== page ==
Do You Know What the U.S. Constitution Really Is?

This entry is part 4 of 30 in the series Constitutional Insights

Is the Constitution of the United States, as some believe, a contract between the people and the federal government? You may be surprised at the answer.

In 1776, thirteen individual colonies declared their independence as “Independent Nation States.” In 1783, the Treaty of Paris, signed by the thirteen, plus Great Britain and other European nations, concluded the American War of Independence. These thirteen new, sovereign nation states declared to the world’s other nation states (England, France, Germany, etc.) that each reserved to itself and to its people all of the powers afforded all other nation states, including to, “ levy War, conclude Peace, contract Alliances and establish Commerce.”

These “new states” of New York, Georgia, Rhode Island, etc., knew that the powerful nations of Europe already had a strong presence in the New World and that they would aggressively move to create individual alliances with and seek to divide these new nations for their own purposes. Our founders wanted no part of the long history of fractious wars that had been the curse of European history.

Our founders’ solution was to create a “binding contract” among the thirteen New World nations, signed only by the thirteen states in 1787. This is legally called a “compact” and the thirteen nation states were the exclusive parties to this compact/contract. Think about this! The federal government was not a party to the Constitution. It was a product of the Constitution!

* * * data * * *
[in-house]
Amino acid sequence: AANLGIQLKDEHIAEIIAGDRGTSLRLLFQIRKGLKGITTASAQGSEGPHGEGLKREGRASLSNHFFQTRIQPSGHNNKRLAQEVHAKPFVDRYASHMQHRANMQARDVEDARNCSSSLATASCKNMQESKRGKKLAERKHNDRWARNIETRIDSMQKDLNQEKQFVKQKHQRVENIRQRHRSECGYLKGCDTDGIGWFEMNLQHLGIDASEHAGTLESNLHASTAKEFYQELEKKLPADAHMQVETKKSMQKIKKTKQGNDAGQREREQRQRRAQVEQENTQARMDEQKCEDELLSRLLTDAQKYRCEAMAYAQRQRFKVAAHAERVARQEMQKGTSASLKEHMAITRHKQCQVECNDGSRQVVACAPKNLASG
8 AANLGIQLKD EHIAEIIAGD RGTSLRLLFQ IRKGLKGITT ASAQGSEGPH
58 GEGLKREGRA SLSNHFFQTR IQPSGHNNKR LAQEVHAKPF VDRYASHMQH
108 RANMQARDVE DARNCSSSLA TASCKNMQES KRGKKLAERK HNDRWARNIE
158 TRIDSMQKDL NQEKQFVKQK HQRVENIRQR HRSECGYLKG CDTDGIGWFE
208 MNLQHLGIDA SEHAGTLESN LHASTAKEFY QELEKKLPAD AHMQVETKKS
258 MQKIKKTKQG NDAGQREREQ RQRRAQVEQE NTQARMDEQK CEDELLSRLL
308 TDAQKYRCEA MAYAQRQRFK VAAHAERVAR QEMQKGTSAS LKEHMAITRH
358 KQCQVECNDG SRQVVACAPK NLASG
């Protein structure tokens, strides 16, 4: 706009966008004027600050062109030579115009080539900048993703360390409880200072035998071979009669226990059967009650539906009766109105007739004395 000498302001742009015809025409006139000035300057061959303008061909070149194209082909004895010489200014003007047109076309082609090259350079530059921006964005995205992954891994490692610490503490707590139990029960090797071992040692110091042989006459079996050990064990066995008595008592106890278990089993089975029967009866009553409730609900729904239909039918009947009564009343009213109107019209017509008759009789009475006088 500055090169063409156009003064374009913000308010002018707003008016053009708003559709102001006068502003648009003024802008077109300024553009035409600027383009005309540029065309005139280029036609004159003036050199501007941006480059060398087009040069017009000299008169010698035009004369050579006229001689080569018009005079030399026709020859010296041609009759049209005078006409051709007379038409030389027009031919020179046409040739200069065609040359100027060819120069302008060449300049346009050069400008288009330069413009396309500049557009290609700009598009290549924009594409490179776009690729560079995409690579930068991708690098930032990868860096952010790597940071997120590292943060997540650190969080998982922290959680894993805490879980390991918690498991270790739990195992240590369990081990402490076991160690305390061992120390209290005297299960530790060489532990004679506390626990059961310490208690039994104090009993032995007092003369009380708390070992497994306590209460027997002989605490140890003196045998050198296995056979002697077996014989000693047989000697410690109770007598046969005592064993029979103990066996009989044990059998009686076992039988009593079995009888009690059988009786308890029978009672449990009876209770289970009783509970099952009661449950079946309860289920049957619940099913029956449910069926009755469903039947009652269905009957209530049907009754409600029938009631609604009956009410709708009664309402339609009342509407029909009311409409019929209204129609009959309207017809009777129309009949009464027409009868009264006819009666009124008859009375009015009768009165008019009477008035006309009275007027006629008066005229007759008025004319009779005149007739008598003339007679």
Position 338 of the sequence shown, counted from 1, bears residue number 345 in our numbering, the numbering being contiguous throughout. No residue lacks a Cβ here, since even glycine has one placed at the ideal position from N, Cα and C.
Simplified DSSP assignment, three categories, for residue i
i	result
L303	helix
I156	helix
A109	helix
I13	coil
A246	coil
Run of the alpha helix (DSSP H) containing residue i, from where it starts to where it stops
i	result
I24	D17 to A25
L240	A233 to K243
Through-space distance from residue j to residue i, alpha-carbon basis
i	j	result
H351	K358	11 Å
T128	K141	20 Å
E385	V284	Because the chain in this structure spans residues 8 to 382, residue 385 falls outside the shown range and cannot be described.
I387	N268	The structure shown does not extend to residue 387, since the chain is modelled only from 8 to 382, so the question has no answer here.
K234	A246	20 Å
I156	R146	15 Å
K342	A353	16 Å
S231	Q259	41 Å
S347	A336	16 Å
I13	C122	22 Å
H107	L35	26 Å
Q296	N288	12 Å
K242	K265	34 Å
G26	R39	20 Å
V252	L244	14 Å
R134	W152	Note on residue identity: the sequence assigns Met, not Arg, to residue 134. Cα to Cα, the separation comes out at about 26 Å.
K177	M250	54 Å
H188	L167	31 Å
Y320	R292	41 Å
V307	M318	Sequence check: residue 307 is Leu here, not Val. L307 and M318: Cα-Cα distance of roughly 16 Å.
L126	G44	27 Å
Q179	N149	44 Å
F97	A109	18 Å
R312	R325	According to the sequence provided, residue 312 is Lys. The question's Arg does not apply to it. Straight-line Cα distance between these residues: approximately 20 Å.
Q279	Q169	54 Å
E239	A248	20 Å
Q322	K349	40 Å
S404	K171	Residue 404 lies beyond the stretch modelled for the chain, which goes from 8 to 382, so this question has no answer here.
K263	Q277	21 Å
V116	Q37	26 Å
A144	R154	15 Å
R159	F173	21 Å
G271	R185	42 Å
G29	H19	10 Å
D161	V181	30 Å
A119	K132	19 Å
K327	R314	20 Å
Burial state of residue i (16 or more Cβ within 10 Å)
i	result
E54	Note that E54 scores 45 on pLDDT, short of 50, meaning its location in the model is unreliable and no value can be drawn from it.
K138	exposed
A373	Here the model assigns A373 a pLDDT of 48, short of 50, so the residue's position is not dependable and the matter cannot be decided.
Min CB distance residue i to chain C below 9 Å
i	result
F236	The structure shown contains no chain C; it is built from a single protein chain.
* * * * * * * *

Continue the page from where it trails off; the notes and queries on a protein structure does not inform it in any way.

The federal government is not the master. It is the servant of the states that signed the contract. When you form a legal entity with another person or business to create a new entity, can the new entity operate outside of the boundaries set by the originating parties? Not under the rule of law. The states are not subservient to their creation, but are in fact the original and primary authority.

So, what were the terms of this legal contract called the Constitution? Most importantly, it declared that all rights reside in the people. The Preamble says, “WE THE PEOPLE … to form a more perfect union …” The junior party to the contract was the federal government. It was restricted by the overriding authority of the states to a very well defined and limited role. These are the Articles of the Constitution. These articles very specifically delegated (not granted) eighteen primary powers solely to Congress under Article 1 Section 8.

You may ask, do your rights come from government, whether state or federal? Absolutely not. They belong to you as an individual and come from your creator or nature as you prefer. The states are the primary power and have the responsibility of constraining the federal government.

Left for another day: Are powers and rights the same thing? And why is the balance of power created in the legal compact, the U.S. Constitution, so important?

“That the several states who formed [the Constitution], being sovereign and independent, have the unquestionable right to judge its infraction.” Thomas Jefferson

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